Alma W. Thomas, the Washington color painter whose second art career earned her a national reputation, died yesterday at Howard University Hospital following aortal surgery. She was 86.

Miss Thomas, the first person to graduate in art from Howard (in 1924), spent her first career teaching art to students at Shaw Junior High School. It was not until she retired, in 1960, that she began to paint the brightly colored abstract pictures that would win her fame.

Her work was widely exhibited, not only in the galleries but in the White House and in U.S. embassies abroad. In 1972, she was honored with a solo show at New York's Whitney Museum of American Art. In September of that year, when her retrospective exhibition opened at the Corcoran Gallery of Art, Mayor Walter Washington designated the opening "Alma Thomas Day."

She was born in Columbus, Ga. in 1891. Her parents moved to Washington in 1907. Miss Thomas grew up in an old house on 15th Street NW, where she lived until she died.

"The display of the designs formed by the leaves of the holly tree that covers the bay windows in my home greets me each morning," she once wrote. As that statement indicates, nature was at all times her central inspiration.

Her roots were in impressionism. Like many other, Howard graduates of her generation, she was influenced initially by the shcool of Paris painting. At first she painted modest still lifes, jugs of flowers, bowls of fruit. It was not until the 1950s, after studying "creative painting" at American University, and working with Joe Summerford, Bob Gates and Jacob Kainen that her vases and her apples began to flatten into the separate, thumbsize pats of color that would become her trademark.

The early color painters here were a rather quarrelsome group. Miss Thomas was an exception. She was known for smiling at everyone she met.

Although her color paintings in the 1960s, like those of her colleagues, were structured by geometrics, she was not a hard-edge painter. She did not work with masking tape, and though her pats of color often were arranged in parallel lines or radials, their boundaries evoked the palette and the brush.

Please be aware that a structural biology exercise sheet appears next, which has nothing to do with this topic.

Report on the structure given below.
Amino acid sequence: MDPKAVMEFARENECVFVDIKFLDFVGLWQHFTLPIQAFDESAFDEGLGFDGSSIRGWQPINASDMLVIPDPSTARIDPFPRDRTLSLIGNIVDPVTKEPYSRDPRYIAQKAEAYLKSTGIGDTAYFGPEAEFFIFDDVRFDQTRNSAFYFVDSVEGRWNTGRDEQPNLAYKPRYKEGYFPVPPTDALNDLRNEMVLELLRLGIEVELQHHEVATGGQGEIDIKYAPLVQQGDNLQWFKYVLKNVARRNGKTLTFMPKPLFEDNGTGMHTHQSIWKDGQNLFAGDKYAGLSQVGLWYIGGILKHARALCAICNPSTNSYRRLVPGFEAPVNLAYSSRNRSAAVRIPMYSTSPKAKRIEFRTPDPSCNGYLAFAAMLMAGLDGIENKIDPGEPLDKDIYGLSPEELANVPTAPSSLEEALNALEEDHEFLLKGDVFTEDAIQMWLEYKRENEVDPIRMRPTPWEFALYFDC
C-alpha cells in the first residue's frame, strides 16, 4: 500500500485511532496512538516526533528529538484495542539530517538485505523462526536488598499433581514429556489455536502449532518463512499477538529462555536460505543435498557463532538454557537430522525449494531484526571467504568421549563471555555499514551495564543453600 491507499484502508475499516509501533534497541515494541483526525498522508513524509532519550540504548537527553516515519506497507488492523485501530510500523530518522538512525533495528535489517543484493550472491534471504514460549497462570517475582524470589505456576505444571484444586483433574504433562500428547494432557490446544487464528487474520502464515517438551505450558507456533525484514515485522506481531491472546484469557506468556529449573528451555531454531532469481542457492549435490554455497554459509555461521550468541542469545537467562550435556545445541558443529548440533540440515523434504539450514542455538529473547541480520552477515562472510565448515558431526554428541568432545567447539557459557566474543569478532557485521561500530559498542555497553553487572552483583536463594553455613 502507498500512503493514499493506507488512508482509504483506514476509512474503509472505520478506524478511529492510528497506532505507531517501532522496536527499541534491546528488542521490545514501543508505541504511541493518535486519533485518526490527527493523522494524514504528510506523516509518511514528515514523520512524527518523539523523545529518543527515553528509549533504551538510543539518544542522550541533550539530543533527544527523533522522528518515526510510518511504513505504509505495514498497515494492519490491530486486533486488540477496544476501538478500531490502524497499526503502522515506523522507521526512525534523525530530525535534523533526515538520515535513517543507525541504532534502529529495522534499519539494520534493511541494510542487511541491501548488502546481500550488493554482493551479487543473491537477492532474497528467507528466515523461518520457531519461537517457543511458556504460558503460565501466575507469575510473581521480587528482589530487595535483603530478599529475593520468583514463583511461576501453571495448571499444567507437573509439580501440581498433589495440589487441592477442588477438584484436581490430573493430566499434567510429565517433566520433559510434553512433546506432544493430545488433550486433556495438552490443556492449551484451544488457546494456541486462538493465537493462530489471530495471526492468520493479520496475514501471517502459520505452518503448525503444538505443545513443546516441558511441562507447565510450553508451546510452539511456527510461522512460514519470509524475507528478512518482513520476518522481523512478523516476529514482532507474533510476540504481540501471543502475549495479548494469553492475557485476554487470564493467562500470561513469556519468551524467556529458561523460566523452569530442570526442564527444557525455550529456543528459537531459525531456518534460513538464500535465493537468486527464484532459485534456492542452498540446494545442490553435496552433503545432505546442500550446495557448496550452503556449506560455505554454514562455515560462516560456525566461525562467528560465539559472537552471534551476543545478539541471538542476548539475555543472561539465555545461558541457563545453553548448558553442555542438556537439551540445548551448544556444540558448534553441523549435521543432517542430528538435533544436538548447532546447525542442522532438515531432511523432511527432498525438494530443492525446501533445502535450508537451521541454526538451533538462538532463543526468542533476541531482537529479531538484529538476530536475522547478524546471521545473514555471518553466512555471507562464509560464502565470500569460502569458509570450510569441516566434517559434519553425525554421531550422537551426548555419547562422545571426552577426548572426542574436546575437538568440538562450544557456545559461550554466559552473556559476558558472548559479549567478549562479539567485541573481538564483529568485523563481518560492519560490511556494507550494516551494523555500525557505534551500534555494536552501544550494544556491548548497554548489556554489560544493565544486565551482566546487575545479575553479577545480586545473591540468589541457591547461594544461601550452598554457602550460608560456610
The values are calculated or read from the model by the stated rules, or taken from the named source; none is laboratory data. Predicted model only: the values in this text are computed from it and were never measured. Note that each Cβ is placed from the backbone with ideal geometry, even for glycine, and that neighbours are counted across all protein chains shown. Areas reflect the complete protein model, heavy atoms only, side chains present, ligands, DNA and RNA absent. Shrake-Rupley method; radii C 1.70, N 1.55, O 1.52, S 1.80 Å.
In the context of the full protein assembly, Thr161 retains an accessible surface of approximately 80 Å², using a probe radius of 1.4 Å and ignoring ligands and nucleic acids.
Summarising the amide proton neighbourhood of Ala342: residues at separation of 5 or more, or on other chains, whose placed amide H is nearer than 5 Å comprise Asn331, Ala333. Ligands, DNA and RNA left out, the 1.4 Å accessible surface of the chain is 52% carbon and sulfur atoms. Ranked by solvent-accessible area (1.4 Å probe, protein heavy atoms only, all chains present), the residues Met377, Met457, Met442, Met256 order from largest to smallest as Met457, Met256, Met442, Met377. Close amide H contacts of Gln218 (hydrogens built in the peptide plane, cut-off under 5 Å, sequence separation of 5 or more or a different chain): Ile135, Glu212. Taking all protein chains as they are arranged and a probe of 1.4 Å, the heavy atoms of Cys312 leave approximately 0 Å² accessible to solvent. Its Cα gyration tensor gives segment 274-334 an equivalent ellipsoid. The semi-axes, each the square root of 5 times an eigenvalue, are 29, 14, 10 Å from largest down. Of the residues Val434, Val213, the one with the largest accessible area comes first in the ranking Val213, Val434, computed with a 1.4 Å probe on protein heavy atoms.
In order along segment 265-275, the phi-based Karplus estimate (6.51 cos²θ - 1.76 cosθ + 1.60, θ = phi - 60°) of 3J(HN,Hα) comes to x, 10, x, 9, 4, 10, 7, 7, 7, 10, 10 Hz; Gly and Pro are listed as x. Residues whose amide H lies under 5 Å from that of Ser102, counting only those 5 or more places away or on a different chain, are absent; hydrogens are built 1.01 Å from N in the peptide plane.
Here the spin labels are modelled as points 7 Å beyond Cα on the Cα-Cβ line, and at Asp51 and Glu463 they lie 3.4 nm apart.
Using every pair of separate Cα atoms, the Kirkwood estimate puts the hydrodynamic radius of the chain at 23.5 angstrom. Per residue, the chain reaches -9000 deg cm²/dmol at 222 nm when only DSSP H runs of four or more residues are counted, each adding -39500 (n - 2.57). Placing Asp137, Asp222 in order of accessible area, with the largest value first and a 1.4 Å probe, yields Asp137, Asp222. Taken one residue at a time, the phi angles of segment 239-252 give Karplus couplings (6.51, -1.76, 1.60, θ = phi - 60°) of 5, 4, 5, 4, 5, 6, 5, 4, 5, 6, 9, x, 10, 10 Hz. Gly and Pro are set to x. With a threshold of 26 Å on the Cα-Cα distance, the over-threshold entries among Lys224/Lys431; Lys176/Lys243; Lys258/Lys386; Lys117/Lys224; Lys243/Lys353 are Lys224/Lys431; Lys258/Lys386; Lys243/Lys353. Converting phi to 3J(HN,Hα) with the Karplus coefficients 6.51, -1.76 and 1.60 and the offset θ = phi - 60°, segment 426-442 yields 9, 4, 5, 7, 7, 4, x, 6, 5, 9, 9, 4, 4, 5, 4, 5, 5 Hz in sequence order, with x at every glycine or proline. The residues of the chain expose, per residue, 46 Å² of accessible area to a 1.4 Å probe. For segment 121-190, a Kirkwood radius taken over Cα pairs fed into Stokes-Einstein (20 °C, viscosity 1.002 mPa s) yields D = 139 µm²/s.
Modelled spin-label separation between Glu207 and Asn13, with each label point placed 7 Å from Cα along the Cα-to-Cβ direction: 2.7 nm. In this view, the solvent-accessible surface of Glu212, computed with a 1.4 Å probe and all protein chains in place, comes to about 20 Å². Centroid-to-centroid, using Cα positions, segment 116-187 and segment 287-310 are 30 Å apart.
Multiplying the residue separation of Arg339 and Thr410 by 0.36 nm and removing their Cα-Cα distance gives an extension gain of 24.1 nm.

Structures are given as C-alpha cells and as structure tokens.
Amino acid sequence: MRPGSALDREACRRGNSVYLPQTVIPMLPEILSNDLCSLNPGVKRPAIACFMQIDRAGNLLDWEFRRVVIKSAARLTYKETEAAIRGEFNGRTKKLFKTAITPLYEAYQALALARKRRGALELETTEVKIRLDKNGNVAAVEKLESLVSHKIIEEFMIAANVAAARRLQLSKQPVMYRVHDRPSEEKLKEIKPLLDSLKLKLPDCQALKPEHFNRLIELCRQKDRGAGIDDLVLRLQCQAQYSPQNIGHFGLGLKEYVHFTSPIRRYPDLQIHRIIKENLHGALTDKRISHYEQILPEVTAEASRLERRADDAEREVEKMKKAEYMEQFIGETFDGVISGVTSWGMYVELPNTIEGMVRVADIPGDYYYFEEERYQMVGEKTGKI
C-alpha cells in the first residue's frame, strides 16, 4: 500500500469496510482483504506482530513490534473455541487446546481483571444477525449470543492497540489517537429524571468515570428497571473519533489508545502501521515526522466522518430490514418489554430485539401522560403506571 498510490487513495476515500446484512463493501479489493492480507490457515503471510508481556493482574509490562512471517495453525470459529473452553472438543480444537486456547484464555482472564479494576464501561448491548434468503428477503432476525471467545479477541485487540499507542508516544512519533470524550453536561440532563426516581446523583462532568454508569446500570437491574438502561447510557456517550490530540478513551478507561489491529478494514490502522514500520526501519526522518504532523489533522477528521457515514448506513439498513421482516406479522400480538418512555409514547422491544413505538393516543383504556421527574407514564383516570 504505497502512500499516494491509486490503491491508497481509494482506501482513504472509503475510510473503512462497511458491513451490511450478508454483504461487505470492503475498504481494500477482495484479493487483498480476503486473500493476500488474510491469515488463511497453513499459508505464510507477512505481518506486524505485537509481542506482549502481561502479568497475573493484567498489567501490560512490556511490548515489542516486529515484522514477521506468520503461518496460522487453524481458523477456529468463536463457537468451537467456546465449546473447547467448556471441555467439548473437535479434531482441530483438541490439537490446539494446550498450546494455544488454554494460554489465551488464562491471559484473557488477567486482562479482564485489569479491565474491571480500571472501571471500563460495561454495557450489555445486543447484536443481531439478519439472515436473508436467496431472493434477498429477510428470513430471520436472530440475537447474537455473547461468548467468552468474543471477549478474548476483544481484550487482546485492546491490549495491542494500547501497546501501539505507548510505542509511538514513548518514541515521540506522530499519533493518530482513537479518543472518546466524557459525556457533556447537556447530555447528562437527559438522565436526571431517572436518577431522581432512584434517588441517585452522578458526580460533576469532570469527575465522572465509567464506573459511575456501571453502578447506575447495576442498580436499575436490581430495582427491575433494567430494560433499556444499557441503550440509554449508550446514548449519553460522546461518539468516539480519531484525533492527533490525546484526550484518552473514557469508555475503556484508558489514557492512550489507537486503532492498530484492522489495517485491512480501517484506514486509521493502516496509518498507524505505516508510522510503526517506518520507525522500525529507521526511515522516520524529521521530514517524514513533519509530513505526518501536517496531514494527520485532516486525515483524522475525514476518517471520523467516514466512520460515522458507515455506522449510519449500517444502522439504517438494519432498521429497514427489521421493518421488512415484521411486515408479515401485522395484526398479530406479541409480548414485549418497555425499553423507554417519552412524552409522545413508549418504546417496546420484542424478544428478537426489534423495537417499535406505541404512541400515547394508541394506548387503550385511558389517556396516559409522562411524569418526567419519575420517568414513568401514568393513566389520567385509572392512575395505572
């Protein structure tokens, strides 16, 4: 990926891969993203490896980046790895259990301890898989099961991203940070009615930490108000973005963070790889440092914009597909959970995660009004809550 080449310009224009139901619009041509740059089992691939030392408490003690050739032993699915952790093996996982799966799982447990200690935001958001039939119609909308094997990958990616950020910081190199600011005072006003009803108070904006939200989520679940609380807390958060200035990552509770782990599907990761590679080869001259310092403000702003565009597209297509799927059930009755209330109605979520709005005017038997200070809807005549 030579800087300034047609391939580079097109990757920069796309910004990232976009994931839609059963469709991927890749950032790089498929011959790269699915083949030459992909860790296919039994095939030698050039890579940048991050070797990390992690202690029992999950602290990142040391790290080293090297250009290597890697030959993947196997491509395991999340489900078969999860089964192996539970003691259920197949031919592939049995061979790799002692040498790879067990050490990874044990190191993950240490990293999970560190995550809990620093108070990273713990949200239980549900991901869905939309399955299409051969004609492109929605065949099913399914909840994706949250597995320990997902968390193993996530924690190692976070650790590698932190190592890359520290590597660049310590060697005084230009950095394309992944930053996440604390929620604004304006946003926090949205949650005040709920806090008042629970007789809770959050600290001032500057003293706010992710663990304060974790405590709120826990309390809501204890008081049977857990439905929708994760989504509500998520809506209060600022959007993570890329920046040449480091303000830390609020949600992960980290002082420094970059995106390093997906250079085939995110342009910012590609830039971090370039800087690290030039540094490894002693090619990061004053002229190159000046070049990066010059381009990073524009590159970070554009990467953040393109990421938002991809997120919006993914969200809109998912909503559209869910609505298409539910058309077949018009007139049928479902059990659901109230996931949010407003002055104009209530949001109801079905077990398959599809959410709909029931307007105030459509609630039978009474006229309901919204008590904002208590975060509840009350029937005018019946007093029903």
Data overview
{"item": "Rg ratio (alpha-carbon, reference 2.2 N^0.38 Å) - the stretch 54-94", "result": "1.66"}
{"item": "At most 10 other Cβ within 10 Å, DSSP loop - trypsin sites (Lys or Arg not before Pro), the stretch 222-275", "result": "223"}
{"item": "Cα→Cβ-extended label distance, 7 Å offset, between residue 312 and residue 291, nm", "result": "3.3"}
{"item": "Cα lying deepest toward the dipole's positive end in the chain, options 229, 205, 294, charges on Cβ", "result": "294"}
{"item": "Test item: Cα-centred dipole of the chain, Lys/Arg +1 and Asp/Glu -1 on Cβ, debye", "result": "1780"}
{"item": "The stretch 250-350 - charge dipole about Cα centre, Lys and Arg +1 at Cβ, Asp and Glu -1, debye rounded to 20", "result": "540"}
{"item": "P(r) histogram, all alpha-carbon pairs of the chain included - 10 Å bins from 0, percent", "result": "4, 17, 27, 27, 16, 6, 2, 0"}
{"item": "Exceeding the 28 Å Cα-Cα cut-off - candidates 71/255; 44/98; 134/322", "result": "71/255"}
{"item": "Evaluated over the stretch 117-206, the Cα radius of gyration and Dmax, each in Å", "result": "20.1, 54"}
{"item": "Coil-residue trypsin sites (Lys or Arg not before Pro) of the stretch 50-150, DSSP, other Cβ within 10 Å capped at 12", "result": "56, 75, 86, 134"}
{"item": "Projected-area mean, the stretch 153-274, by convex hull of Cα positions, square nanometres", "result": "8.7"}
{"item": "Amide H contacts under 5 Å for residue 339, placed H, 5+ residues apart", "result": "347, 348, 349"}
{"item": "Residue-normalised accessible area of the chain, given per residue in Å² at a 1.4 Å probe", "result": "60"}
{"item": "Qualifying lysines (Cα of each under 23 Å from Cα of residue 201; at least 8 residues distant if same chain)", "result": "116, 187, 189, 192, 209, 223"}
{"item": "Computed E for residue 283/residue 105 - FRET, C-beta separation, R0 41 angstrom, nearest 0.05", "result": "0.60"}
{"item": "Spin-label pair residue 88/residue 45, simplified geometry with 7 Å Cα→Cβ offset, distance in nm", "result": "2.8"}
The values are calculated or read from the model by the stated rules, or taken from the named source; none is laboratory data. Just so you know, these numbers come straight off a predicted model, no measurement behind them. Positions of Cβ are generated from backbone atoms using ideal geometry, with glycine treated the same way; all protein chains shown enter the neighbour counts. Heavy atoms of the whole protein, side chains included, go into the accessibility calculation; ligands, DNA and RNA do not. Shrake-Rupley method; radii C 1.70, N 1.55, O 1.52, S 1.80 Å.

She once said that her works were not pure abstractions, that she was "painting nature," and the titles that she gave them - "Earch Wrapped in Sunset," "Spring: Delightful Flower Bed," "Wind Dances in Flower Garden," "Late Fall Leaves" - reinforce that view. Her paintings frequently suggest a mood of cheer, of gaiety. Her work was full of joy.

Miss Thomas received a master's degree from Columbia University in 1934. Her first individual show was held at American University in 1958. She also exhibited at the Barnett Aden Gallery, at Howard, and at Franz Bader's here. Her works also were shown in various group shows ("Afro-American Artists," "Washington: Twenty Years." "Contemporary Black Artists in America") at museums in Baltimore, Boston, and New York.

Because many in the art world feel that works by blacks and women have not in the past received the attention due them, and because many people are now working to right that situation, the works of Alma Thomas - a black woman Washington color painter - are certain to be closely studied in the years to come.

Miss Thomas recently arranged to leave a choice selection of her paintings to the Smithsonian Institution's National Collection of Fine Arts.

She is survived by a sister, J. Maurice Thomas, of the home, and a niece, Alma Louise Holcomb.